not sure it was ever used for anything other than when two things
came in contact via collision.)

Back to the mud, we actually used a separate system for passing sense
data--sense data doesn't tend to have "physics-y" cause-and-effect so
much as NPC reactions, and that system allowed propogating sense data
from room to room which was rather more complex. The main important
compontent was to pack up the information describing some event
which had occured (the player put the ball in the box) not just
as a string, but as a little object which knew how to print the
string from the player's pov, possibly from others' povs, and
also could provide the raw info in an easily digestible form to
the NPC. They wouldn't describe what action the player had
*attempted*, the way before/after/react_after do in Inform;
instead they would describe each physical thing that occurred
that was visible. If attempting to 'get X' causes a collapse
that drops a boulder into the room, an event, say,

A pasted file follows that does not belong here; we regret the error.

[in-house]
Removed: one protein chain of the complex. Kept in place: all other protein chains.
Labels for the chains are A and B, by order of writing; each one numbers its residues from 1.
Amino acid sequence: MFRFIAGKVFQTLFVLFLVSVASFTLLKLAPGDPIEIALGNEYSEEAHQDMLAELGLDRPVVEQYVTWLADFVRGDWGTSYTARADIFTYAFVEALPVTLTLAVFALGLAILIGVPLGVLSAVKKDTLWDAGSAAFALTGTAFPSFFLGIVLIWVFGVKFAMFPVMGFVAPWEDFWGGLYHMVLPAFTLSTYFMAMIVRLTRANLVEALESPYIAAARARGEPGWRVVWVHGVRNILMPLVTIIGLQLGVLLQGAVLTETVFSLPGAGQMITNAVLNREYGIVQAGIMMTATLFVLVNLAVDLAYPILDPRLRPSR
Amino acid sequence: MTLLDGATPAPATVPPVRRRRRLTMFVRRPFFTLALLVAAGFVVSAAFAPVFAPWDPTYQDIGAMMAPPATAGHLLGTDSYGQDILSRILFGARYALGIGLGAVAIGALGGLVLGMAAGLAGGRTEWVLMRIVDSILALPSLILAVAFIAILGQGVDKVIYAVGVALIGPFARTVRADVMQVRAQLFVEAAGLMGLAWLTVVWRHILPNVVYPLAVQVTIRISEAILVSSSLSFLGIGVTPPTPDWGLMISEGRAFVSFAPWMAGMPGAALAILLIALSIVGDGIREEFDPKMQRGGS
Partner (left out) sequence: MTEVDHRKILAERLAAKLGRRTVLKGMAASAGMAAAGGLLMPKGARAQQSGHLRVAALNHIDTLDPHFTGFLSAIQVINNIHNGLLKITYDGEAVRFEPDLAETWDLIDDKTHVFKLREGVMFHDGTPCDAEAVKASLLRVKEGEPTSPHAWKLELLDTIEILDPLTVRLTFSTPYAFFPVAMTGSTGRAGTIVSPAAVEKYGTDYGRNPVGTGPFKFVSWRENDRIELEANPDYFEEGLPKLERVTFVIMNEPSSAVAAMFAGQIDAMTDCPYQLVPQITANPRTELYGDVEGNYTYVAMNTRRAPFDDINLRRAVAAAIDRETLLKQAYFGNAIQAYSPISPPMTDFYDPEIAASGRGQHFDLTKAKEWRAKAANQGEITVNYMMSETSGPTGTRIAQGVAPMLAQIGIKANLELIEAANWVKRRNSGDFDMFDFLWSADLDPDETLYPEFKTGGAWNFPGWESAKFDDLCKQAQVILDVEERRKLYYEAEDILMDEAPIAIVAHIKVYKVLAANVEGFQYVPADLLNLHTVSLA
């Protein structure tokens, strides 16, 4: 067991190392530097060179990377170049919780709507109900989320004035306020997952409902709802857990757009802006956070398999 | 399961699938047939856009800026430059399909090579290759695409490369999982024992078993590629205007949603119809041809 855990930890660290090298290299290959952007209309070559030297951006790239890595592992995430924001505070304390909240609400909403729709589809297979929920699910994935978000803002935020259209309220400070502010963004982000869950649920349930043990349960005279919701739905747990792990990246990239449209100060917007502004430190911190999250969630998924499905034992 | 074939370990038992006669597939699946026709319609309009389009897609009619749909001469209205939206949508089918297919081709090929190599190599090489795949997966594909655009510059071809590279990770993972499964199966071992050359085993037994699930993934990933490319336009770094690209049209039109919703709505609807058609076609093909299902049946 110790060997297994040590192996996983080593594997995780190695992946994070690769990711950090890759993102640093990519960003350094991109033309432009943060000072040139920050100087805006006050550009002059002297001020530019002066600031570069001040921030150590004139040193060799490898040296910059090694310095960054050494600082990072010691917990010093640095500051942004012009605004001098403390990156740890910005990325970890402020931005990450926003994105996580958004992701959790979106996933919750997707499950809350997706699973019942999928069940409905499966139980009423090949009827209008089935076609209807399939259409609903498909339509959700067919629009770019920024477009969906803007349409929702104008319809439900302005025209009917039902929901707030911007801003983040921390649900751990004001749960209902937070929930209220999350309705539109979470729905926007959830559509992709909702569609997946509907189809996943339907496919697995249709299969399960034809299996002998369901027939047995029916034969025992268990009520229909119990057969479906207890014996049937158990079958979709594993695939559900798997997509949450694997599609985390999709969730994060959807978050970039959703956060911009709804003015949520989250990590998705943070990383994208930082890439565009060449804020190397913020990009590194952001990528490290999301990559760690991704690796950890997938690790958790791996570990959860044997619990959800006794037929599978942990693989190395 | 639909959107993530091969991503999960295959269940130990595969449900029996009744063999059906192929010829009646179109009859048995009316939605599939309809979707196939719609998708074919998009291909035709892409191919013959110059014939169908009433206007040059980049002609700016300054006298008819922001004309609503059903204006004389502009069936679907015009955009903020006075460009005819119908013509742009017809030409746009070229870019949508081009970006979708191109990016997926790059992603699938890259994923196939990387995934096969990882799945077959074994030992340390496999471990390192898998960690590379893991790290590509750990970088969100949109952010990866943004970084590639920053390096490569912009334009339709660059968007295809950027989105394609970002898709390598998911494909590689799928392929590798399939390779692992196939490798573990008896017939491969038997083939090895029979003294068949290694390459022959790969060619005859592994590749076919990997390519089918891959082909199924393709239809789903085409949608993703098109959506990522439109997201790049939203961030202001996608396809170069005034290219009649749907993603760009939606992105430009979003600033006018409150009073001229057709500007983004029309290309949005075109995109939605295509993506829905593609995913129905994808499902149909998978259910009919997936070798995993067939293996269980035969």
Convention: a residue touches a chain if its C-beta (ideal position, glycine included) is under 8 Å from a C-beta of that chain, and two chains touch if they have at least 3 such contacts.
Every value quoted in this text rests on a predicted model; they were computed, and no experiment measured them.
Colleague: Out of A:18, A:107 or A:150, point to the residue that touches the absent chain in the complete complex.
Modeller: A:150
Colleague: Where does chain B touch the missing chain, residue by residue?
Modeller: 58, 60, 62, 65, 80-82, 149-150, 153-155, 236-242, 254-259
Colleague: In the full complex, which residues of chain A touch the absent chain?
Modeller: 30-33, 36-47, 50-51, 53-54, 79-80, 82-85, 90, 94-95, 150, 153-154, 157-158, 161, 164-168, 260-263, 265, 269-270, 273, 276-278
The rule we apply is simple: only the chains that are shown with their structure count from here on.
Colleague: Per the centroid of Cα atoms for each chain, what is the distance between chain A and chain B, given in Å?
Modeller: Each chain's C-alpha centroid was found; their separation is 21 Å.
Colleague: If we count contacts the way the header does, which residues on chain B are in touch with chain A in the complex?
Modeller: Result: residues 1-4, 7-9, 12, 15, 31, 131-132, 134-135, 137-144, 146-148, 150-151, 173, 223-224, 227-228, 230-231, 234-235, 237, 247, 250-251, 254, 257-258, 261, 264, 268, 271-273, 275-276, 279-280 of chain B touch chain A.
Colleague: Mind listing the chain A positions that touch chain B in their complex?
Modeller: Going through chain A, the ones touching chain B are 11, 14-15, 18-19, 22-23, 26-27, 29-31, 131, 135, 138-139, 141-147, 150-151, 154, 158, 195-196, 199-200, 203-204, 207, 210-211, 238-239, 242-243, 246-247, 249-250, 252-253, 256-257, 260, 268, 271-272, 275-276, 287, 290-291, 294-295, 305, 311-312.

"moved(boulder,room,player,TRUE)" , would be generated:

moved ! an object moved to a new location
boulder ! the object that moved
room ! the place where it ended up
player ! the actor who triggered it
TRUE ! TRUE if it was unintentional (usually false)

and then you could write some code along the lines of

if (agent == player && unintentional)
"^", (The) self, " says, ~Way to move ", (adjthatorthose) obj,
", you loser.~";

except that this comment would actually be issued as ANOTHER little
packet of sense data, and the player would only get to hear it if
the sense data managed to propogate to the player via sound propogation.

SeanB

Timothy Partridge

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Oct 17, 2001, 3:53:21 PM10/17/01
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In article <f5a22ce4.01101...@posting.google.com>,
tryg...@hotmail.com (tryguy) wrote:

I think a major issue is that the world model is very simple and depends